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Against Lynch

The film world generally considers David Lynch an important director. Although he has never won an Academy Award, Lynch is now a lifetime member of a select group of filmmakers that have instead won unconditional approval from the film industry and film criticism communities. Lynch’s cinema is respected by the most respected people in cinema. Like a Michael Mann, or a Martin Scorsese pre-Departed, David Lynch is a filmmaker’s filmmaker.

The term ‘director’ has a specific industrial definition. It means the person (or people) creatively in charge of the film production, leader to tail. The director directs — the actors, the camera, lighting, technicians, operations, production, editing, sound, everything. The director is the main control conduit, not financially but artistically, and the whole equation of film’s conventions still organize around the notion of the director’s film. Film is a director’s medium.

The French term ‘realizateur’ may be helpful to accurately define the director’s position. Katherine Bigelow or Claire Denis or Barry Jenkins or David Lynch or Federico Fellini or Alfred Hitchcock or Leni Riefenstahl “realize” the film, from conception to finished product. They render their dreams real for us onscreen.

But consider this: there is another way to think about directing. The director is additionally directing the viewer’s attention, our collective understanding, towards their personal vision. Directors realize something out of a dream and present it before a public for consumption or, at least, as the Academy Award-season screeners always say, “For Your Consideration.”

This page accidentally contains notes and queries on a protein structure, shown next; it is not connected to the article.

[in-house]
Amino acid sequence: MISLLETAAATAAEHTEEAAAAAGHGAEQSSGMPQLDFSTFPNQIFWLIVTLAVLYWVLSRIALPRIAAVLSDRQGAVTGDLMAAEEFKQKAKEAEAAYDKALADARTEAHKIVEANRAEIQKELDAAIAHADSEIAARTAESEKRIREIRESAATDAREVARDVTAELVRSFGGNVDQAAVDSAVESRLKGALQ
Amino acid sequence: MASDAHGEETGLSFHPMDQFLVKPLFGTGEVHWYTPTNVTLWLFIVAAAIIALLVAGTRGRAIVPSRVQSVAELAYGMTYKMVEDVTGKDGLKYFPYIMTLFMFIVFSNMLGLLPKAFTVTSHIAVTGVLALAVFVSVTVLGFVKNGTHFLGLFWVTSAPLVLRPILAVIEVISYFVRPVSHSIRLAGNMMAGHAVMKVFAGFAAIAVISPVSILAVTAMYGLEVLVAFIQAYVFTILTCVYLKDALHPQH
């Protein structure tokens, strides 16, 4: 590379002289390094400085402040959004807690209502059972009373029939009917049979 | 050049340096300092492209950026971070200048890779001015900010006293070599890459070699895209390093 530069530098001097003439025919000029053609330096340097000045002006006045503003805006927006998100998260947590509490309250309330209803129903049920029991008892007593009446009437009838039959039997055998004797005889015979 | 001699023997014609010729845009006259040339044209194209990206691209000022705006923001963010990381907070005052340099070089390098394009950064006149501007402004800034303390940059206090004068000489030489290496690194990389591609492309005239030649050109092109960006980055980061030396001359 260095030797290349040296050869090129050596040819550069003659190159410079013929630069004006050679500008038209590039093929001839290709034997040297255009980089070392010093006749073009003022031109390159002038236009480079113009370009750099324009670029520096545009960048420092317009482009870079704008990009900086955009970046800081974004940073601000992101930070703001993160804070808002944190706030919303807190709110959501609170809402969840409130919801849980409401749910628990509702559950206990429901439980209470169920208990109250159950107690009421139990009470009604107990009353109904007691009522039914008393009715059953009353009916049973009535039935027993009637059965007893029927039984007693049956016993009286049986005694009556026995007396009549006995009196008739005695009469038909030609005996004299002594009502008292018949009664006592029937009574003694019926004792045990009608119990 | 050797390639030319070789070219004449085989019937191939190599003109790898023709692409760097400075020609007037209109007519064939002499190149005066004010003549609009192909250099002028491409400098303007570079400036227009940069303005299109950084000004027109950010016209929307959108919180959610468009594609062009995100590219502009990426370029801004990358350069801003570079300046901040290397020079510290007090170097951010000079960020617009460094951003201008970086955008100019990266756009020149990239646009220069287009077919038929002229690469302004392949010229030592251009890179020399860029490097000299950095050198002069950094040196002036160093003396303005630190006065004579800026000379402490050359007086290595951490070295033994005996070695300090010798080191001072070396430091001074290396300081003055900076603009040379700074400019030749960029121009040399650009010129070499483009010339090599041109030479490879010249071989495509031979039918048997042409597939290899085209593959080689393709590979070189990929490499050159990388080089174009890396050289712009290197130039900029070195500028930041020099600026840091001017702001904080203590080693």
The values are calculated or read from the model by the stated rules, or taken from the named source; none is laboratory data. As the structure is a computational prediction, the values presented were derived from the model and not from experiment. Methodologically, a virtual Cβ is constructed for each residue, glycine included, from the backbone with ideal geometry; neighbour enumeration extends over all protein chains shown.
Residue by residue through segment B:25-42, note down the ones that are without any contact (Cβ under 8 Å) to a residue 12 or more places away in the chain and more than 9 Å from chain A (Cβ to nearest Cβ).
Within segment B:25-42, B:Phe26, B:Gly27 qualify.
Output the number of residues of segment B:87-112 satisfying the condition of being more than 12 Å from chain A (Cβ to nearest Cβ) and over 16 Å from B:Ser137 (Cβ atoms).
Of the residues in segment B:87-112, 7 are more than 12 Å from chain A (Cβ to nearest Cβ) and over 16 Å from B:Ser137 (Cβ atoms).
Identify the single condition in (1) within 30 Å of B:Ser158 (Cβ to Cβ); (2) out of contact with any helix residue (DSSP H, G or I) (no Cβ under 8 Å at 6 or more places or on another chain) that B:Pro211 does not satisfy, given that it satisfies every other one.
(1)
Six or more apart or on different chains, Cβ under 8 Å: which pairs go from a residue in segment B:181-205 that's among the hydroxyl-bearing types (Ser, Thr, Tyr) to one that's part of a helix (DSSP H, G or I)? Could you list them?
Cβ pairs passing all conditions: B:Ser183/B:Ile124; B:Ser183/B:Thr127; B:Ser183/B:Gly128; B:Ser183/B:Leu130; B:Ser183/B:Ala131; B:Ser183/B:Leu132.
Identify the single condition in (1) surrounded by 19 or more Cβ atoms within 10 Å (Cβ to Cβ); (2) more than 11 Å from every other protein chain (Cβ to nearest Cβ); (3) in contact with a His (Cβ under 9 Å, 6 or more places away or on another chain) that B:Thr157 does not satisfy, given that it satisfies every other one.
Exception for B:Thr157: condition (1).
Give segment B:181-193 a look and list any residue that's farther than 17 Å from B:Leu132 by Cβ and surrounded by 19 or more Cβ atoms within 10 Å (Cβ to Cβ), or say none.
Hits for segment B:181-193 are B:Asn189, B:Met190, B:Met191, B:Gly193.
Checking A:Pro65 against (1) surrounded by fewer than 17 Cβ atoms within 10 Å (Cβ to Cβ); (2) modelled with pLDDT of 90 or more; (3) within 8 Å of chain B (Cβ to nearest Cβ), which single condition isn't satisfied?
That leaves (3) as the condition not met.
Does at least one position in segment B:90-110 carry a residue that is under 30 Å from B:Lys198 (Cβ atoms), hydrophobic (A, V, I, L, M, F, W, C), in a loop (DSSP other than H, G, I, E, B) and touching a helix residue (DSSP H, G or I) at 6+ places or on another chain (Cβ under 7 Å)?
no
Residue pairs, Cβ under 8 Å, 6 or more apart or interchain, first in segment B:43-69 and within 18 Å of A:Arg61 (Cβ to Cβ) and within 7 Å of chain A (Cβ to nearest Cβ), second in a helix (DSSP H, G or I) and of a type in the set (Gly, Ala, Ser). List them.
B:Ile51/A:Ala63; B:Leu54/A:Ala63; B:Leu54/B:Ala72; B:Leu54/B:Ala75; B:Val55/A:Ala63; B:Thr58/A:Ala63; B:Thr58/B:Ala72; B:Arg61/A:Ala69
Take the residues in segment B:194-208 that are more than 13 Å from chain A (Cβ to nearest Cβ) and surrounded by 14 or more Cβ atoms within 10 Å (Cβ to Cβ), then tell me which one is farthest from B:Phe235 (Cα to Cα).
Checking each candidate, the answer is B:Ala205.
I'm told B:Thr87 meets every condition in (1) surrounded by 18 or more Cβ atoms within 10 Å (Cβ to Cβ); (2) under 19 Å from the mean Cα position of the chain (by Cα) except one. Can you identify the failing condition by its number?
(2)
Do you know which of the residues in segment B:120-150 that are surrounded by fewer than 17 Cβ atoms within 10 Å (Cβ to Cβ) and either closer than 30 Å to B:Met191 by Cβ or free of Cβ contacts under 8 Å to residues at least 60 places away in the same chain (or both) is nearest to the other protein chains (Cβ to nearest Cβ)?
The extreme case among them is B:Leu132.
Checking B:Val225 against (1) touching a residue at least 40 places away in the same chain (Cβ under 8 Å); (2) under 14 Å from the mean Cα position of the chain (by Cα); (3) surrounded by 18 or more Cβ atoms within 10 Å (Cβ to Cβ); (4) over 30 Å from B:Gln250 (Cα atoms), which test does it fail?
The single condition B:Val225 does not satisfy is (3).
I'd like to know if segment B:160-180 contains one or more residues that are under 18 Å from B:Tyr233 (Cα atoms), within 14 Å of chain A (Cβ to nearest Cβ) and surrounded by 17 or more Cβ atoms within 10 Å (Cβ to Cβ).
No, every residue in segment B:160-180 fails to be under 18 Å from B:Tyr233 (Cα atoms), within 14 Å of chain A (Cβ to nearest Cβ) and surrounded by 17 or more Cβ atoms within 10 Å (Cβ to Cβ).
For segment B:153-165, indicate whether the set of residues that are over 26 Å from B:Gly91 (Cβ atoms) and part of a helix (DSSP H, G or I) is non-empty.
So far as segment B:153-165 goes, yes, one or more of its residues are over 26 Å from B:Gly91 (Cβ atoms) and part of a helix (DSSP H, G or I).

What a director directs us towards is important to consider. It is as if when we enter a theatre or exhibition space, or press play on some viewing device, the director whispers to us, ‘Hey, watch this. I want to show you something.’

What are we watching now? What is the director directing our attention towards? It could be anything. A director can, nowadays, create any image, any narrative, nothing is too fantastic. Not to say that an audience will consume any image or narrative that any director realizes, but Hitchcock generally made mysteries, Woody Allen generally made comedies, and David Lynch supposedly makes something approaching capital ‘A’ art with the otherwise popular medium of cinema. He is one level removed from having to take a moral stance. Cinema is not opera. It is not even theatre. Cinema began as a peep show for a penny and has not strayed far from those roots. There is nothing wrong with that. But if you really want high art, David Lynch also paints.